I have an Ubuntu Server machine, where I store media files (films predominately). How can I stream those files to watch on my mobile device?

I'd ideally like a really lightweight solution as I currently have 2 GB RAM on the machine.


For sharing media to my Android devices, I use ES File Explorer (and there are other options) to connect to a network share on a Linux machine. This is the simplest option, because you just have to set up a file share on the server and run a file browser on the mobile device.

The videos can then be viewed in an app like Dice Player or MX Player. Both allow playing directly from the share without downloading the file.

If you want a more refined experience you can look into something like XBMC or Plex. You will have to set up the server software and install an app on your device, but you get a nicer experience (looking at a media library rather than browsing files). Plex does have an option to do on-the-fly transcoding on the server. Depending on what kind of usage you expect, this might not be the best option for a lightweight server.

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  • File shares do not "stream", you have to download the video file. – Julian Knight May 6 '14 at 21:30
  • I have clarified that point, it depends on the app. – Nattgew May 6 '14 at 21:32
  • I use ES File Explorer too, but FTP is just too slow when publicly accessing my server. I was hoping to encounter an application that was lightweight and used a different protocol, possibly one that was faster. I hope Plex will be OK, given my current memory capacity, and will probably only be feeding to two (maximum) devices at one time? There seems to be a lot of talk about transcoding - but all my files are readable by Android's MX Player, so surely there will be no need for transcoding, right? – codaamok May 7 '14 at 8:57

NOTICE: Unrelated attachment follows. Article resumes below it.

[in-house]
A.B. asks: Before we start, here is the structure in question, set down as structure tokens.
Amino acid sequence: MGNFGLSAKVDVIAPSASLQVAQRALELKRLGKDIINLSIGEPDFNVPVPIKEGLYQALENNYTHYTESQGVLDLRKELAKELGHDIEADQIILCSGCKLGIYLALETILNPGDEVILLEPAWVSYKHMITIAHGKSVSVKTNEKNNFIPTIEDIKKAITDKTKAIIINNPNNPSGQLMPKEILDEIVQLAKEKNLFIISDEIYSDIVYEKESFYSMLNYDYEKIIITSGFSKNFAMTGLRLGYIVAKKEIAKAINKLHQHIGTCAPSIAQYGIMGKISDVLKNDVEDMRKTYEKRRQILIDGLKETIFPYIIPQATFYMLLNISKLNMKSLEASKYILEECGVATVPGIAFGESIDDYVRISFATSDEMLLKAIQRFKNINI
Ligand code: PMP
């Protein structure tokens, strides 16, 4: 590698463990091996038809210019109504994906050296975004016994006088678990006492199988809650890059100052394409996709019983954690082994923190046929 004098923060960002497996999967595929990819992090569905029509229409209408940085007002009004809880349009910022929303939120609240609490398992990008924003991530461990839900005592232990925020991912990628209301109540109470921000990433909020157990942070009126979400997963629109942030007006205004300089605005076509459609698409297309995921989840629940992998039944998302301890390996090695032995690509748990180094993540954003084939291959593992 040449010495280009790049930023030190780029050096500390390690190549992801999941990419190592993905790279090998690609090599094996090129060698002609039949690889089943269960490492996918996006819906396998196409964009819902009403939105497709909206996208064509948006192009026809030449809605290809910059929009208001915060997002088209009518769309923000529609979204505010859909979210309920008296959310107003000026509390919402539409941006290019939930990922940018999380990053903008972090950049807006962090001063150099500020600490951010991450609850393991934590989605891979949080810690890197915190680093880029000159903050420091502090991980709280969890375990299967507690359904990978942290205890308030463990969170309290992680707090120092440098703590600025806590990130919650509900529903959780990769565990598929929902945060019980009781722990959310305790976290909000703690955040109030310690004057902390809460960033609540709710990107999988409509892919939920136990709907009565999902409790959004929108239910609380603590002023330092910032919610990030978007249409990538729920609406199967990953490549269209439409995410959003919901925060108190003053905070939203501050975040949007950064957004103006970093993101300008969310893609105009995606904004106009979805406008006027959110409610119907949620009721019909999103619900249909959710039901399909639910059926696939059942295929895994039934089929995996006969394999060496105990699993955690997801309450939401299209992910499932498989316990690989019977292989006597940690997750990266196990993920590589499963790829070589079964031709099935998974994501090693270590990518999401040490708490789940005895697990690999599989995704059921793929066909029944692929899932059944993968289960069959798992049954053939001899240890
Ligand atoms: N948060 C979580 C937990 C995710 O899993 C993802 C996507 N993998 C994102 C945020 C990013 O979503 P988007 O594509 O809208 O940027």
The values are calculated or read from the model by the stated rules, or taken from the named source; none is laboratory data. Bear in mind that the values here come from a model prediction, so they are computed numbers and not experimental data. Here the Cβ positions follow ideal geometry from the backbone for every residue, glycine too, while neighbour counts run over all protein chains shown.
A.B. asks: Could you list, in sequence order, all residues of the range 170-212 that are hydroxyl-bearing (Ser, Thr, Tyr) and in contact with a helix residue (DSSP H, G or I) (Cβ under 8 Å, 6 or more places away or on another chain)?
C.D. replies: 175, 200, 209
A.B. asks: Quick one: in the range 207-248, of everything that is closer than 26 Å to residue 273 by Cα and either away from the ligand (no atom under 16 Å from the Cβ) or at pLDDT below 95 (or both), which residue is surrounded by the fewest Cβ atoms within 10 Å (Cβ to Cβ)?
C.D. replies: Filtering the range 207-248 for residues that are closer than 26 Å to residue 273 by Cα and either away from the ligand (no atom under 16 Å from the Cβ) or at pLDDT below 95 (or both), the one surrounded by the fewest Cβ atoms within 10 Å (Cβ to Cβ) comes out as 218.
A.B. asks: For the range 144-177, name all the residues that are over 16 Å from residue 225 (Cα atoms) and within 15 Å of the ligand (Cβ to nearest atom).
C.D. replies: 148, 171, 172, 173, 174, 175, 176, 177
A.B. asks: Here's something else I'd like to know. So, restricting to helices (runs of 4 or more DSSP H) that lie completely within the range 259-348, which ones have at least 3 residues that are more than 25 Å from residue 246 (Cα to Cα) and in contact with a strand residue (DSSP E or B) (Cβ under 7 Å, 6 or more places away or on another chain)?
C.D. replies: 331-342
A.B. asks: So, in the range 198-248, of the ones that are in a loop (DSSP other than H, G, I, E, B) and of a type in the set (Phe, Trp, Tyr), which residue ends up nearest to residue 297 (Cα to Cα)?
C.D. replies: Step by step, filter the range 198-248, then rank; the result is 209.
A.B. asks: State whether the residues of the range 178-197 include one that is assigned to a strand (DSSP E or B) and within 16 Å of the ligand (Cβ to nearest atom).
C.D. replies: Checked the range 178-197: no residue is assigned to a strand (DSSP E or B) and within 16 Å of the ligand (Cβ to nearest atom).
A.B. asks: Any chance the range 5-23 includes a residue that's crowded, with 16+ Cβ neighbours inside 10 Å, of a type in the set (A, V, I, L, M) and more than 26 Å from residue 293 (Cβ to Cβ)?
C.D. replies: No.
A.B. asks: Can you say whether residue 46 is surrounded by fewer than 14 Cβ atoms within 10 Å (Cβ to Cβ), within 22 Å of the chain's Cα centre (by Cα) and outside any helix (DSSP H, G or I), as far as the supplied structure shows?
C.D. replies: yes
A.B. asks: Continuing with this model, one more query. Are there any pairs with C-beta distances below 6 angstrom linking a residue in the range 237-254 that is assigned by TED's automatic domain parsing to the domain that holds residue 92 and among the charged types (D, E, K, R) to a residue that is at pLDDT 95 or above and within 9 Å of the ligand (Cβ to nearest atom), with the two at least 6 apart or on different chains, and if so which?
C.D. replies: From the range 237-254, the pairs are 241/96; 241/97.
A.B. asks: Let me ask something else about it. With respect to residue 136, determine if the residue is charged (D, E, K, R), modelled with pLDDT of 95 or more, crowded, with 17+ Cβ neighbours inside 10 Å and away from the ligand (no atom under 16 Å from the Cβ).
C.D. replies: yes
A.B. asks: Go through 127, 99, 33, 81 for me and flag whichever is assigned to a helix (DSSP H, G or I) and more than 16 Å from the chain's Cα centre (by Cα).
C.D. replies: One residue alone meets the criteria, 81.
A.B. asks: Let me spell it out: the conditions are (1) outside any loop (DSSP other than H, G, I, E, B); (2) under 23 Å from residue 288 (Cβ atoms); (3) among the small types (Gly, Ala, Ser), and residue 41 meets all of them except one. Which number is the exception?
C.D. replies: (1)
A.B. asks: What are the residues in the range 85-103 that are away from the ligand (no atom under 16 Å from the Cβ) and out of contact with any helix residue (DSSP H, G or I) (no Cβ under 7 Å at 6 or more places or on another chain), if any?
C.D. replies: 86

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    It's not just about the format being readable but also the resolution. You can set your connection speed in the player and Plex will transcode to match that. – Nattgew May 7 '14 at 14:23
  • Almost finished configuring Plex. Will tick your answer in due course. I'm surprised on how lightweight it is. Too good to be true... – codaamok May 7 '14 at 14:39

2GB for a server that does file/print sharing and basic streaming should be more than enough.

You can use a Raspberry Pi as a streaming server!

The trick is to be careful with "transcoding", changing the video stream on the fly to meet the needs of different devices. That is what takes up the resources. If you know what your target devices are, you can keep the appropriate media files on hand and not need to transcode.

You need a streaming app to run on the server such as XBMC or Plex as mentioned by @fooot.

Plex is good but the clients cost. XBMC is simple to set up but arguably not as polished. Plex also helps stream over the Internet should you wish to. Have a go with both and choose the one you prefer.

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  • I actually used a Raspberry Pi for quite some time as a media server, though it was sometimes unreliable. After a while, I want to upgrade to something more beefier to do real linux sys admin things, just within my home. – codaamok May 7 '14 at 8:55
  • The principles are the same though, it's the transcoding that is likely to cause any issues. Actually, if you are running the server headless with not too much else going on, I doubt you will have much of an issue. Of course, RAM is cheap so you might want to upgrade anyway if you can. – Julian Knight May 7 '14 at 22:37

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